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Comparison of wool types: we explain the main differences

What is the right wool for your project? Here you will find the answer!

We show you the differences between the various types of wool, so you can conveniently compare.

Because every yarn has special properties that sometimes suit certain knitting ideas more and sometimes less well.

Advantages and disadvantages of each type of wool

Warm, soft, comfortable - that's how all types of wool feel. It doesn't matter whether they are of animal or plant origin. So everything is simple? Not quite: because each type reacts differently to the seasons, the weather or individual processing. And the different production methods make for very different prices. But there's no need to worry, with this article you can keep track of everything.


Here is sheared for all it's worth: animal wool types

Sheep - the classic animal wool species

On very sensitive skin, it may leave a slight scratchy feeling, but it also offers many advantages. Because its fibers are protected by tiny scales. These bind air and therefore insulate particularly well against the cold. In return, they allow perspiration and other body fluids to pass through. The effect: the skin under the wool dries particularly quickly. And how easy is the finished wool sweater to care for? Here, unfortunately, a disadvantage of virgin wool manifests itself. When it is extremely hot, it quickly loses its shape or felts. Therefore, always wash the corresponding clothing according to the information on the outer band - in the machine on the wool cycle, cold or at 30 °!

Origin: sheep
Ideal for: Clothing such as sweaters, jackets, hats and scarves, virgin wool blends also for the transitional period.
Price level: inexpensive to moderate

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Merino - finer than human hair

The animals from this special breeding grow particularly fine hairs. These measure on average only 16 to 24 micrometers and are thus thinner than human hair. So it's no wonder that merino wool feels particularly fine. Athletes and outdoor adventurers use it for special clothing because it is excellent at wicking away perspiration. It is ideal for babies and toddlers because the many air chambers perfectly trap body heat. In short: Merino wool is an ideal all-rounder and one of the finest types of wool in the world.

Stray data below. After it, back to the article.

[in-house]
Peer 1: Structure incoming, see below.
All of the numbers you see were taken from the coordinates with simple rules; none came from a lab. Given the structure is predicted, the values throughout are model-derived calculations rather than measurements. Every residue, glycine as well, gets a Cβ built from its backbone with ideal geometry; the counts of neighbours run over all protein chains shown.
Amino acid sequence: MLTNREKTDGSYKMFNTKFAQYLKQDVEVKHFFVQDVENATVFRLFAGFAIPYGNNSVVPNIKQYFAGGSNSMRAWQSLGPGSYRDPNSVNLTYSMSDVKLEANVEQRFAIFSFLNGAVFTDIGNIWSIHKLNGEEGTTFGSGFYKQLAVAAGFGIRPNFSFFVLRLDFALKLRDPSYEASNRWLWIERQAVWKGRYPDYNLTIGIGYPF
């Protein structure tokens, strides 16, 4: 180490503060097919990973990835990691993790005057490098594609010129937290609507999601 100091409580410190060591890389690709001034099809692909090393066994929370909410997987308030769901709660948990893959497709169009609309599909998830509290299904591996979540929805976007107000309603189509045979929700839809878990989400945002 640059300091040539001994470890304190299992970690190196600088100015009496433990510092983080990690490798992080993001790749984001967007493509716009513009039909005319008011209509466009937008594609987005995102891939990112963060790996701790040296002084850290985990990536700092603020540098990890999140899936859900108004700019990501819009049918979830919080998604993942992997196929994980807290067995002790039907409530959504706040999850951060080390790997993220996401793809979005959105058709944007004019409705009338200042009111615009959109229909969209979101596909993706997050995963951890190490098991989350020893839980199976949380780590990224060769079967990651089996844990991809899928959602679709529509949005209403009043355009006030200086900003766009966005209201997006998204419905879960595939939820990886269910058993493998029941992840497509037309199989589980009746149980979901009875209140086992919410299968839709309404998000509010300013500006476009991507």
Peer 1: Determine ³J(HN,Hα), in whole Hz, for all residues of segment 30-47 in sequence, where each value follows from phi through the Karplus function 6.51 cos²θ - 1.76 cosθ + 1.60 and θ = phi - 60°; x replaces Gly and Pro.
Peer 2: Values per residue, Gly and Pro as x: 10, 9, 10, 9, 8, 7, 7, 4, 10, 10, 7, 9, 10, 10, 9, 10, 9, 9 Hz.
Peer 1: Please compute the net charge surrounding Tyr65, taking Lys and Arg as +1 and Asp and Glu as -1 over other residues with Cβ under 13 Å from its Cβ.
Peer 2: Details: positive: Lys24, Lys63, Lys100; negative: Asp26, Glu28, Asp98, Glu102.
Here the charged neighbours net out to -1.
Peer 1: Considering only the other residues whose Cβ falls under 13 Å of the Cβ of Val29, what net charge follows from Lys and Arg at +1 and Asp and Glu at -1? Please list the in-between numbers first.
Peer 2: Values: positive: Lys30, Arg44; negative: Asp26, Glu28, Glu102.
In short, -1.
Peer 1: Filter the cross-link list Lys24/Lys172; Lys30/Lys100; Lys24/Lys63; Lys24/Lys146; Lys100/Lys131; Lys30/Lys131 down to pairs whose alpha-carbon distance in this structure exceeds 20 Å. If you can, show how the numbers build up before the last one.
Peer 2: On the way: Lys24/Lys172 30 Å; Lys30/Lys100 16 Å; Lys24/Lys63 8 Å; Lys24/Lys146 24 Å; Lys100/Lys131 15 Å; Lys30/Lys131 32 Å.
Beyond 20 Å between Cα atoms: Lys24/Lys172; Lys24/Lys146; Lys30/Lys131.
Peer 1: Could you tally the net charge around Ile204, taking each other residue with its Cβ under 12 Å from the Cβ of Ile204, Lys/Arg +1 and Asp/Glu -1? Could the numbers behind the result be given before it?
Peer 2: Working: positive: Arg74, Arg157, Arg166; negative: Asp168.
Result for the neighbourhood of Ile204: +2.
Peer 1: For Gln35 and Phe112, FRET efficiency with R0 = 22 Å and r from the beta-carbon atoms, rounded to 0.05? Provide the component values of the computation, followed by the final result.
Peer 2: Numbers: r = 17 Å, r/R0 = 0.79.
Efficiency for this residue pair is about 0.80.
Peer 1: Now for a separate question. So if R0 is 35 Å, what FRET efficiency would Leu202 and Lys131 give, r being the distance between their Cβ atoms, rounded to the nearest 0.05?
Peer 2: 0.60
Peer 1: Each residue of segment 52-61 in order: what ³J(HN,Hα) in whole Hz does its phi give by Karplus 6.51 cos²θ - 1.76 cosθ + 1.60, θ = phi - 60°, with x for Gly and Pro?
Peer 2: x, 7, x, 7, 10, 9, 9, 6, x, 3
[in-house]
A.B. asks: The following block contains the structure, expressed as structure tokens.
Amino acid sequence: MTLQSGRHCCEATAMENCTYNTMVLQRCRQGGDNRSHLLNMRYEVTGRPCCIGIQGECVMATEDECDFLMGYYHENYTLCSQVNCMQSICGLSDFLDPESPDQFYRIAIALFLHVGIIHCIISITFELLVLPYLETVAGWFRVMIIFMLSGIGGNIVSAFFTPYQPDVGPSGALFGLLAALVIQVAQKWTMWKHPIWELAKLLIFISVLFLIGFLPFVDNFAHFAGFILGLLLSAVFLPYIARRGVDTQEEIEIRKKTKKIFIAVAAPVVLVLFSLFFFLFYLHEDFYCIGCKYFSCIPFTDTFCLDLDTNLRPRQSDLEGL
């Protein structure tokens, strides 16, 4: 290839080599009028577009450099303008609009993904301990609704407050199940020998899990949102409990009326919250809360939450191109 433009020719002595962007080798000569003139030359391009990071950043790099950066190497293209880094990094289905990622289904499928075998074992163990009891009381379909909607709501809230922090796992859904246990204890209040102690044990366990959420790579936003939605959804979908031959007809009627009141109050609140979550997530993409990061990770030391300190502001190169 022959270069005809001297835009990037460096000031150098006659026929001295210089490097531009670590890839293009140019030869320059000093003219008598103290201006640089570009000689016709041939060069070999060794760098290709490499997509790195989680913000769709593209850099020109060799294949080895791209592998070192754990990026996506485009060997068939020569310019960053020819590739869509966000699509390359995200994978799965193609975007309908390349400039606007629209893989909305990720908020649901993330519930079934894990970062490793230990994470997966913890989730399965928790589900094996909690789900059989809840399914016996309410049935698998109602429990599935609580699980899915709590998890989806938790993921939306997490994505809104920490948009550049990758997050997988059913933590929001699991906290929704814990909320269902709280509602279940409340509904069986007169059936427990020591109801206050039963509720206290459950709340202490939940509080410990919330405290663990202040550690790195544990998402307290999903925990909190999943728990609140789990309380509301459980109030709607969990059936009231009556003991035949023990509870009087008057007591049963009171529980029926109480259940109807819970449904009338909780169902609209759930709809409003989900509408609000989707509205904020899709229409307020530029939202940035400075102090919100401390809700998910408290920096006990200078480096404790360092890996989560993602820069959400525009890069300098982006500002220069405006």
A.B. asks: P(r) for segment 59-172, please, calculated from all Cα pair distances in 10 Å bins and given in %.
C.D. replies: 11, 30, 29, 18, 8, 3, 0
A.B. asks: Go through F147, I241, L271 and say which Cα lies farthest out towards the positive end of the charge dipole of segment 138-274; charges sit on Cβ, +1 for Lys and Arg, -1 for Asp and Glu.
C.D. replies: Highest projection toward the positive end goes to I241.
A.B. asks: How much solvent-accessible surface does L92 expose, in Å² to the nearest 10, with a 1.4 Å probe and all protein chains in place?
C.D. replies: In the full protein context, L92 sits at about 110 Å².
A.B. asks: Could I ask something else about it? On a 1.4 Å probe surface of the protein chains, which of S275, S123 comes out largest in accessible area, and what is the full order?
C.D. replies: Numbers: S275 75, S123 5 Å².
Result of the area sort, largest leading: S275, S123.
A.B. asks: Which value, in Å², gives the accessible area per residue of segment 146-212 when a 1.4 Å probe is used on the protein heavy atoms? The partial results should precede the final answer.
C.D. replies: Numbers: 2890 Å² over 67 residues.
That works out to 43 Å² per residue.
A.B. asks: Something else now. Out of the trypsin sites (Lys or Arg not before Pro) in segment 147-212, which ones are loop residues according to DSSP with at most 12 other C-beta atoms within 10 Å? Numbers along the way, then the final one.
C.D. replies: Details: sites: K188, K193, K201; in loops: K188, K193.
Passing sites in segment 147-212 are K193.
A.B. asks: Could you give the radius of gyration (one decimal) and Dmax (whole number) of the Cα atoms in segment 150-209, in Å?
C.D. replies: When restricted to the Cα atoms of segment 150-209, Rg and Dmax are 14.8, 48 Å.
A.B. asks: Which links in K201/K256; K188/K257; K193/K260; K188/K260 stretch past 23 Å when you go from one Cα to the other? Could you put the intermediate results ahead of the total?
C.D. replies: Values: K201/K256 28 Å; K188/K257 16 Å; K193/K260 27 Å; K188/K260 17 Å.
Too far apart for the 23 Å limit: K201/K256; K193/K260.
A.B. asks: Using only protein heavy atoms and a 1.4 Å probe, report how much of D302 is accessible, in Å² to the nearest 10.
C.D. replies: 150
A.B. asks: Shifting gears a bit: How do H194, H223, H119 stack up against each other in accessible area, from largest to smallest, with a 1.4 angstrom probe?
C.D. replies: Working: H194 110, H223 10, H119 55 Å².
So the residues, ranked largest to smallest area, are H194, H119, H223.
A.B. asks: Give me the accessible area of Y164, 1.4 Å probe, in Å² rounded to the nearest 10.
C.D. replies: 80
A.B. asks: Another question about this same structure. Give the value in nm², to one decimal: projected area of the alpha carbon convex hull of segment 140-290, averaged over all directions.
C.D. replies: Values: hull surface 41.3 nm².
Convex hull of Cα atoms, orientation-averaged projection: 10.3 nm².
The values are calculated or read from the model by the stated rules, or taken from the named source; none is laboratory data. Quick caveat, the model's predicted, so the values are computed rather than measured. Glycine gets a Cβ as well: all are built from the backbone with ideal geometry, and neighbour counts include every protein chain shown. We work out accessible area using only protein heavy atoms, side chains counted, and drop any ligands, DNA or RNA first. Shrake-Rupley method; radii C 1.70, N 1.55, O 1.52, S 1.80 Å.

Origin: Merino sheep
Ideal for: warming clothing such as sweaters, jackets, hats and scarves, especially also for baby clothing
Price level: moderate

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Mohair - light and exotic

Mohair is the lightest of the wool types. Its fibers come from the Angora goat, whose dense and wavy hair is processed into a high-quality wool yarn. Originally, the Angora goat comes from Turkey, which also explains the name of the wool: in Arabic, the word "mohair" means fabric made of hair. The silky shiny wool feels soft and fluffy, but is not very stable. Processing it is therefore a bit more laborious. In rare cases, even tiny nodules can form on clothing.

Origin: Angora goat
Ideal for: Clothes, blankets, rugs, dolls or stuffed animals
Price level: moderate to expensive

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Alpaca - especially good for allergy sufferers

Their origin? The Peruvian Andes. Their wool? Particularly soft and warm. That's right, we're talking about the alpaca - a cute but not very productive source of wool. Because their fur doesn't grow that quickly, they are only shorn every one or two years. In 360 days, they provide just enough wool for a sweater. On the other hand, alpaca wool is particularly resistant, odor-resistant and easy to care for. Unlike classic sheep's wool, it contains no lanolin. This makes it particularly suitable for allergy sufferers. Alpacas wear their fur in different shades from white to cream to dark brown. Therefore, alpaca wool is the only one of its kind that already has a color by nature.